‘you’re on Hold.’ Ssi Applicants Complain of Excessive Waits| New Updates!

Charlene Latsha hangs up on the Social Security Administration after a long hold.

Desperate to reach the government agency concerning her husband’s retirement application, Latsha, 70, of Pottstown, Pennsylvania,

has been disabled and unable to work for two years but cannot claim disability. But now that he is 65, the couple felt he should start collecting his monthly pension.

When Latsha tries to access her husband’s online account, she gets an “account suspended” notification.

She usually hangs up after 45 minutes or an hour on hold with Social Security.

You’re on hold forever,” Latsha remarked. “I’ve been attempting to contact them for three weeks.”

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The additional cash from her husband’s benefits would be a “huge assistance” to their finances.

Latsha doesn’t blame the SSA.

Ssi Applicants Complain

‘you’re on Hold.’ Ssi Applicants Complain of Excessive Waits

“They’re not performing their job,” Latsha explained. “They just get a tonne of calls.”

On March 17, 2020, the Social Security Administration will switch to large phone and online services because of the Covid-19 epidemic Its 1,200 field offices have since offered limited in-person services by appointment only.

Customers frequently had to mail documents.

The Social Security Administration’s Inspector General determined that those processes were not always smooth.

A study revealed that the agency must enhance its processing of mail, including original documents submitted as proof of eligibility.

However, some months in 2021 had larger wait times for the Social Security 800 number. In January, the average wait was 40 minutes.

As chair of the House Ways and Means Subcommittee on Social Security, John Larson, a Connecticut Democrat, wrote to Kilolo Kijakazi, acting commissioner of the Social Security Administration, in December, asking

“what actions the Social Security Administration is taking to strengthen overall customer service.”

“The Covid-19 pandemic has proved that there is often no replacement for specialized, in-person assistance,” Larson wrote.

In January, Kijakazi responded with a letter explaining the agency’s plans for a March 30 readmission date.

Assisting those who have trouble obtaining services and benefits such as the poor, homeless, mentally ill, or non-English speaking, by increasing on-site staffing and in-office visits.

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‘It’s too late

Field offices will return in early April.

In the interim, the Social Security Administration urges anybody seeking assistance to visit its website.

We highly encourage the public to continue to use ssa.gov, call us for assistance if they cannot complete their business online, and arrange appointments in advance, according to a spokesman.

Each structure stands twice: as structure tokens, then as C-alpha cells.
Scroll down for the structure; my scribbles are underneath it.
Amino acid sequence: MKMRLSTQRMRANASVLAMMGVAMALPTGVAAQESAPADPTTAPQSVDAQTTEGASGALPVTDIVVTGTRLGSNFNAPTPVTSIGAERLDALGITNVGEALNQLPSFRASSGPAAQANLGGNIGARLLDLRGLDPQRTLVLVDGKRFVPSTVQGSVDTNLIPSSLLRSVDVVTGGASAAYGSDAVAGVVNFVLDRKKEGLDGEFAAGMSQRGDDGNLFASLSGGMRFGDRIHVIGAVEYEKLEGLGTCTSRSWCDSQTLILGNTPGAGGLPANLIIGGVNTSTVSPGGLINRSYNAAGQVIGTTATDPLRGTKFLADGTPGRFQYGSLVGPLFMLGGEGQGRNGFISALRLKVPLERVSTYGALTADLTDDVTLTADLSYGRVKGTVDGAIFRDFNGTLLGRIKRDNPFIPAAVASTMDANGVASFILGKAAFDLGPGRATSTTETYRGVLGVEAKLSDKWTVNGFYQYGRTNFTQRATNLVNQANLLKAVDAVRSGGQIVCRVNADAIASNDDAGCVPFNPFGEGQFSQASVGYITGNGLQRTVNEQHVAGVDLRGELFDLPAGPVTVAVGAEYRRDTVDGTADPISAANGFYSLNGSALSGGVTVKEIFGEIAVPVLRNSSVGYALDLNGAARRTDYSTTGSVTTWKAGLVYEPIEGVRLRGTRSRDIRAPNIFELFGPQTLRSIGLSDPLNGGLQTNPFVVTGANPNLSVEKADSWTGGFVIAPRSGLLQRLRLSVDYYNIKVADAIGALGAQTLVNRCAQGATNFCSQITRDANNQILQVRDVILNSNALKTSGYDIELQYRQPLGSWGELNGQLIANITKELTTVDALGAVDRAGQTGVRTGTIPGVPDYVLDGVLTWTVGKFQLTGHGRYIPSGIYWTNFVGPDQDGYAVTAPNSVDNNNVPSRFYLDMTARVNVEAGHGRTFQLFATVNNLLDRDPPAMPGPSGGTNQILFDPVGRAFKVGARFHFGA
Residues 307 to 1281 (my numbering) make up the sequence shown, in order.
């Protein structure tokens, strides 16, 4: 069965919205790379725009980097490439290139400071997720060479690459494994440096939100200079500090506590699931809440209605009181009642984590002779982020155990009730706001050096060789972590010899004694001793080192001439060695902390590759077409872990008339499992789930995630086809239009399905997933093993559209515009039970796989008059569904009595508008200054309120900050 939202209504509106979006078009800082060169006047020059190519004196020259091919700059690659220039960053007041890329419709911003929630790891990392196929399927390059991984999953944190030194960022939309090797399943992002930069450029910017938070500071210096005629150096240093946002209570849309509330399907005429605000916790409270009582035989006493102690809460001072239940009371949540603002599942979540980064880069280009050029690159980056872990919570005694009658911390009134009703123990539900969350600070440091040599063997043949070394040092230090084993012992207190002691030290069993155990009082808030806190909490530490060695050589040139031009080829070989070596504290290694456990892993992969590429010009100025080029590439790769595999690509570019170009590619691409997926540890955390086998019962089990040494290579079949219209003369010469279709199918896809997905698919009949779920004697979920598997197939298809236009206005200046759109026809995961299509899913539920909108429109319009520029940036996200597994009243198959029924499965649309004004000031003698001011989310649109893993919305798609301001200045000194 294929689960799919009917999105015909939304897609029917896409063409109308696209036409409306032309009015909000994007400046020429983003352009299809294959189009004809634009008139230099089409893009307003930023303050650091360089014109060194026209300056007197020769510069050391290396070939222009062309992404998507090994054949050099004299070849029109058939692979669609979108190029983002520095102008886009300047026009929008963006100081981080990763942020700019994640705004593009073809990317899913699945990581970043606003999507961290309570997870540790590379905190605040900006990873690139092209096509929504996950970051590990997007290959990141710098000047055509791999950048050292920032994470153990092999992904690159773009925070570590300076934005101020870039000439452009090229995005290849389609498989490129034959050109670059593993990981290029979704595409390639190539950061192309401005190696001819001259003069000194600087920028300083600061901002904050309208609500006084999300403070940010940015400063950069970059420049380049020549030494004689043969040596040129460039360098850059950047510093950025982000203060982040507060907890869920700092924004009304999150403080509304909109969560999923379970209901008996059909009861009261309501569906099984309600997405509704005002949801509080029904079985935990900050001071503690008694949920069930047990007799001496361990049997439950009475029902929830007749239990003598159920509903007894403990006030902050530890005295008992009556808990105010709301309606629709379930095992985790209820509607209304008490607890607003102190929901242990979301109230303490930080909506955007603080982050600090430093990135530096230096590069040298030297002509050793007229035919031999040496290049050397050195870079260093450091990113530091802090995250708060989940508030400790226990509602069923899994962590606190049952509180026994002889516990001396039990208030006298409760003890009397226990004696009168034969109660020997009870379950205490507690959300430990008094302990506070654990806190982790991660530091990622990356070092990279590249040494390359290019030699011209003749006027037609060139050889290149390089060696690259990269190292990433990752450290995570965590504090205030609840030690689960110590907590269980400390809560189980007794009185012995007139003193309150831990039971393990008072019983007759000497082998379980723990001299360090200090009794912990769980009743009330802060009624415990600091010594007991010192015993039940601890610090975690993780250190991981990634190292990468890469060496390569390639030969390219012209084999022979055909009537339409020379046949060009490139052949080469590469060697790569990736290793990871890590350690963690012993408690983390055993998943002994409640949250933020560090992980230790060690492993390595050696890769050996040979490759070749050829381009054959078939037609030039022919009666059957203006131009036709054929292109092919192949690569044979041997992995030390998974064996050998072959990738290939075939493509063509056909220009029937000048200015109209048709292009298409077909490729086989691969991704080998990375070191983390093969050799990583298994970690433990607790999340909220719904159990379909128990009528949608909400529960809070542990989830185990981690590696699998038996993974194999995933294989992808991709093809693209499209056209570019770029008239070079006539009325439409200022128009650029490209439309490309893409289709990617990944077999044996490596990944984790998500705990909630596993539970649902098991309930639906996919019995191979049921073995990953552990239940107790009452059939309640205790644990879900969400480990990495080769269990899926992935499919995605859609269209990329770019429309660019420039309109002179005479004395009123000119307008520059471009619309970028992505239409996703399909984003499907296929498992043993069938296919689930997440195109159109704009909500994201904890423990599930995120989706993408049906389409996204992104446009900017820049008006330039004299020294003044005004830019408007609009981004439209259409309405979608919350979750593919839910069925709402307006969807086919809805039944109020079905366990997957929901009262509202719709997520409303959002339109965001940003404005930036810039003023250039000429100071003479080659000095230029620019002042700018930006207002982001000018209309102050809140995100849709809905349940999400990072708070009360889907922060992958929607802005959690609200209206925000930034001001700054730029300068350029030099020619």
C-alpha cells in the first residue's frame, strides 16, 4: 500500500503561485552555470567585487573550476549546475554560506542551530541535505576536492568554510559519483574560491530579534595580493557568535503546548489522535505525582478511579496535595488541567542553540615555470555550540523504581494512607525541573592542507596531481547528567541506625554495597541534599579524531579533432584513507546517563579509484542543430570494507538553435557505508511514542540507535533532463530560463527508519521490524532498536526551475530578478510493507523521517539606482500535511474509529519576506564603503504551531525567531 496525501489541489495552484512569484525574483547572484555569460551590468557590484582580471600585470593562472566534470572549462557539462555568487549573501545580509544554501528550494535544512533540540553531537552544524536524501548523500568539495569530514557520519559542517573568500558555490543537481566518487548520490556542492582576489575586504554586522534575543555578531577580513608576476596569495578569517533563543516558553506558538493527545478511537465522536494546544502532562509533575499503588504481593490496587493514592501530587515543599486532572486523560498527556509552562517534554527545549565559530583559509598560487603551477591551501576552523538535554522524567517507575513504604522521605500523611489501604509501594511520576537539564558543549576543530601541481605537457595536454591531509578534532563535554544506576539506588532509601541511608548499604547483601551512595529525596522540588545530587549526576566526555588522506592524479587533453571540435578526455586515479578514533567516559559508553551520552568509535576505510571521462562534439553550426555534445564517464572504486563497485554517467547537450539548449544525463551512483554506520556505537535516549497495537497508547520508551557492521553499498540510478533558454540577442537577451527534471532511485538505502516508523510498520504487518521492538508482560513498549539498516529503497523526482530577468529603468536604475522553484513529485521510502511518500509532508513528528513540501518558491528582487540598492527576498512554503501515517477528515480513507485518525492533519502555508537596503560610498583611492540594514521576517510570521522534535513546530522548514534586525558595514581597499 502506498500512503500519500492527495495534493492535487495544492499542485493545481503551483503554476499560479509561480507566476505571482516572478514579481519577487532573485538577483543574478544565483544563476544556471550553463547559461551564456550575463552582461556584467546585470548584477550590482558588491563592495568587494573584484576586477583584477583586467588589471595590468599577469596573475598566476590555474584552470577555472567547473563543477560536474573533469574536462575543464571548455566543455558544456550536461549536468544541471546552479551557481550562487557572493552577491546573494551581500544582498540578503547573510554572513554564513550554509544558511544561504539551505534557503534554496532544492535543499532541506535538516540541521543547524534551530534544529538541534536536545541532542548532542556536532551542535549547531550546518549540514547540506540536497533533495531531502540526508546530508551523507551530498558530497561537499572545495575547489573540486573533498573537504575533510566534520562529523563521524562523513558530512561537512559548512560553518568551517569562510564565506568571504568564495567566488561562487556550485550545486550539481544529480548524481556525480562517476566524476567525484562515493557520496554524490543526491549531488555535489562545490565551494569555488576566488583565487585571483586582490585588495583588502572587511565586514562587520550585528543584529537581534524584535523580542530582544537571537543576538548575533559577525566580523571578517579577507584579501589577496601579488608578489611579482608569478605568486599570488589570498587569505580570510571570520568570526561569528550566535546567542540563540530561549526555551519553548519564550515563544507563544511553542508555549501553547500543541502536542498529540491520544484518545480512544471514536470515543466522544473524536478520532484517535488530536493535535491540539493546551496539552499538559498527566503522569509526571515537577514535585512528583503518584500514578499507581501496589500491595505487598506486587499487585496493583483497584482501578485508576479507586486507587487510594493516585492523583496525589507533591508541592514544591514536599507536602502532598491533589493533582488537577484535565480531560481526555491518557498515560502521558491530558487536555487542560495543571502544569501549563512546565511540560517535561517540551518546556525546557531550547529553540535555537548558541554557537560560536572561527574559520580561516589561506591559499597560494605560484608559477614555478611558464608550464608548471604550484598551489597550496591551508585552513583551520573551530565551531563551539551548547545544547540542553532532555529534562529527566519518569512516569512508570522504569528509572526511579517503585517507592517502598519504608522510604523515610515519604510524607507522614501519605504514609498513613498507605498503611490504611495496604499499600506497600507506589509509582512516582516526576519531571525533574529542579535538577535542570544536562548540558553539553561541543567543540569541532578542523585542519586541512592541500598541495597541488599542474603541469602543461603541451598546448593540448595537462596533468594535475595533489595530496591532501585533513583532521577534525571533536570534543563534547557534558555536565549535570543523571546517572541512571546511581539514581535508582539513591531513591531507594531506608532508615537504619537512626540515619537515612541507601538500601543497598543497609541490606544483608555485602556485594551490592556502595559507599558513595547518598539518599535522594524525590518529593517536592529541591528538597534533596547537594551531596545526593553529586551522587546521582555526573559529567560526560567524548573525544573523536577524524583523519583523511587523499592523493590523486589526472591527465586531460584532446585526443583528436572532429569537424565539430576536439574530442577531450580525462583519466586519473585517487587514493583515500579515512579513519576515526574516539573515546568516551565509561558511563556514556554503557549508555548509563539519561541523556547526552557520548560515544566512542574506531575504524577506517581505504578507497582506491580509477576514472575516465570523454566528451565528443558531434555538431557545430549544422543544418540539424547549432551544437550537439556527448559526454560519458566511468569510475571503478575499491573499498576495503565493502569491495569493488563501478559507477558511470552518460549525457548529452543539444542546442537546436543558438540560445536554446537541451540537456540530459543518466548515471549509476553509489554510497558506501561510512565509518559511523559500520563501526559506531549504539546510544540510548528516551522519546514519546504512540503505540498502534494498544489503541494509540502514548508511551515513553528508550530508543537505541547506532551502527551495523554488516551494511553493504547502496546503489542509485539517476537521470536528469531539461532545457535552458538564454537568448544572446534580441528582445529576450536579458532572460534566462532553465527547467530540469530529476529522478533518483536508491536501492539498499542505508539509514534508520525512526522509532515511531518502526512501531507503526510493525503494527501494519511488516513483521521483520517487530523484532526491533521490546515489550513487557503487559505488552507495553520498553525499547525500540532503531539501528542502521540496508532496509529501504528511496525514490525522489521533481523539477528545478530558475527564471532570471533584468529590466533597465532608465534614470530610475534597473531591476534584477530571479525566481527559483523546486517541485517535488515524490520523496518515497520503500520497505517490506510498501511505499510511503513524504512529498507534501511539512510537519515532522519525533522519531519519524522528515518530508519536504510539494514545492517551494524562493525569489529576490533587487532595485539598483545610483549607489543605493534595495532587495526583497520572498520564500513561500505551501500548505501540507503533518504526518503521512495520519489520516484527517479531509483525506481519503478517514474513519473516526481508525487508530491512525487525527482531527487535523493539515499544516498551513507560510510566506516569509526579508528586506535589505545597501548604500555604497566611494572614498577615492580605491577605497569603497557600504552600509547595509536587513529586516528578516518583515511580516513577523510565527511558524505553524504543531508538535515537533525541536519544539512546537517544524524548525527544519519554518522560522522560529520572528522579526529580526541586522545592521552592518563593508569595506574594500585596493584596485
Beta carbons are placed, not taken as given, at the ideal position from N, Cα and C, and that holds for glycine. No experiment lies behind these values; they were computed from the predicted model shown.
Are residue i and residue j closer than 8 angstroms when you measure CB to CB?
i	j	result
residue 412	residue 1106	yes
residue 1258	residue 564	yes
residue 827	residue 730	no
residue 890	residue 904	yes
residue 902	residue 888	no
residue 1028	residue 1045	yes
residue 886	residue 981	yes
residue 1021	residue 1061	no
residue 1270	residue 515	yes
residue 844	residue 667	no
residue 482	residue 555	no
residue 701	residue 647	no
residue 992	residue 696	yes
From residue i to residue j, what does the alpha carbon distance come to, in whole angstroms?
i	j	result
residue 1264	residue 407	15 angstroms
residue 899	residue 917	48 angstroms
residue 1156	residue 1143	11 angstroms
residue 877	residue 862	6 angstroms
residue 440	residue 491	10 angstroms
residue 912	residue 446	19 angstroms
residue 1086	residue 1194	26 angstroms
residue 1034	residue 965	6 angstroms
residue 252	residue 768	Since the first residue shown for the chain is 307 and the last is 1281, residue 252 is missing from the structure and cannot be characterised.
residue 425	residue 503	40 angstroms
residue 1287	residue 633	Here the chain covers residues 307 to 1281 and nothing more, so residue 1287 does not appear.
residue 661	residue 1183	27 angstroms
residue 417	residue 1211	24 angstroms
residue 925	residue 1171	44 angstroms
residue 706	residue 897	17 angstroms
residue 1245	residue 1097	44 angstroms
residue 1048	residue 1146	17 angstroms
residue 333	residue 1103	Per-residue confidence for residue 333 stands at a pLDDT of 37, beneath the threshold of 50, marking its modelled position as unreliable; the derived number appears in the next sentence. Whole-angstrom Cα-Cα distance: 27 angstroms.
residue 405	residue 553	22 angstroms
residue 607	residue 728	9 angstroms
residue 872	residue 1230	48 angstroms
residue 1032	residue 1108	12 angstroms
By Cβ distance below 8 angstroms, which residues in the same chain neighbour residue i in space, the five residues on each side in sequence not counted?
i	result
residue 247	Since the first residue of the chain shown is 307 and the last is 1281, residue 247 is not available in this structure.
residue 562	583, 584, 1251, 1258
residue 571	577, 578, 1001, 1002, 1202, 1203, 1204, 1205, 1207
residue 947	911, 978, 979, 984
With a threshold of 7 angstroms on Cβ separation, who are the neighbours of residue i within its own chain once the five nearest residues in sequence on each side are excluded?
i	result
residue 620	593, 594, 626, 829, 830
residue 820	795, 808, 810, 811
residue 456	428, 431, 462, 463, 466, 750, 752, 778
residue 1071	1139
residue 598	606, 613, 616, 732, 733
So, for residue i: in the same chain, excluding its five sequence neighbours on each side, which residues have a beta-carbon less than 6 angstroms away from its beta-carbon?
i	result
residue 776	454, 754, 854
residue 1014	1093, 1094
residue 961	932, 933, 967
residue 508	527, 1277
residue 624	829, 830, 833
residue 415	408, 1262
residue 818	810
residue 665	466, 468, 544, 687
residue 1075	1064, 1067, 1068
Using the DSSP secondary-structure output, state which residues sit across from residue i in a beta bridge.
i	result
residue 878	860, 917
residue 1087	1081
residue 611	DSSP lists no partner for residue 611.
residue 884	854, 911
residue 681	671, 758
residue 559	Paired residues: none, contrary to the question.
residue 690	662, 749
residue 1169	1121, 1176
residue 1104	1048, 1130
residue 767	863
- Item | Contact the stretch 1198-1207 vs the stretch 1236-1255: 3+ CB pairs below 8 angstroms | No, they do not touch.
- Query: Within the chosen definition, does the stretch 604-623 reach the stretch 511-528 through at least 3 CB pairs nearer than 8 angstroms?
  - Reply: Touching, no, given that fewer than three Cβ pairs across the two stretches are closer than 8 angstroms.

The problem is that there are no fast solutions for people like Erica Ellis, 43, of Virginia Beach, Virginia.

Dorothy Pritchett, 48, a Newport News, Virginia, schoolteacher, has been out of work since August due to a stroke.

Soon after, she applied for disability. Although the Social Security Administration website shows the benefits granted, her sister has yet to be paid.

“March comes around and she still hasn’t got her money,” Ellis added. “It’s too late.”

The encounter, coupled with Ellis’ own postponed disability claim, has made her doubt the program’s authenticity.

“I think they want you dead,” Ellis added. “They don’t have to give it.”

Money difficulties

Without field offices, people who rely on government staff to explain their benefits are left in the dark,

says Mary Johnson, a Senior Citizens League Social Security and Medicare policy researcher.

They may be the only ones who can help with one of the greatest financial decisions a person will make in their lifetime, says Johnson.

Advocates for Social Security hope the epidemic will help raise awareness of pre-pandemic service inadequacies.

According to Nancy Altman, president of Social Security Works, the problem is a lack of field offices and staffing.

“The epidemic didn’t originate these issues, but it brought them to light,” Altman says.

Congress, which funds Social Security, may increase the amount it can spend on services without affecting its budget or delaying the expiration of funds used to pay payments, she added.

Increasing demand is expected as more baby boomers retire and others become eligible for survivor payments owing to Covid-19 fatalities.

“They should definitely raise financing now,” Altman added. “There is a need.”

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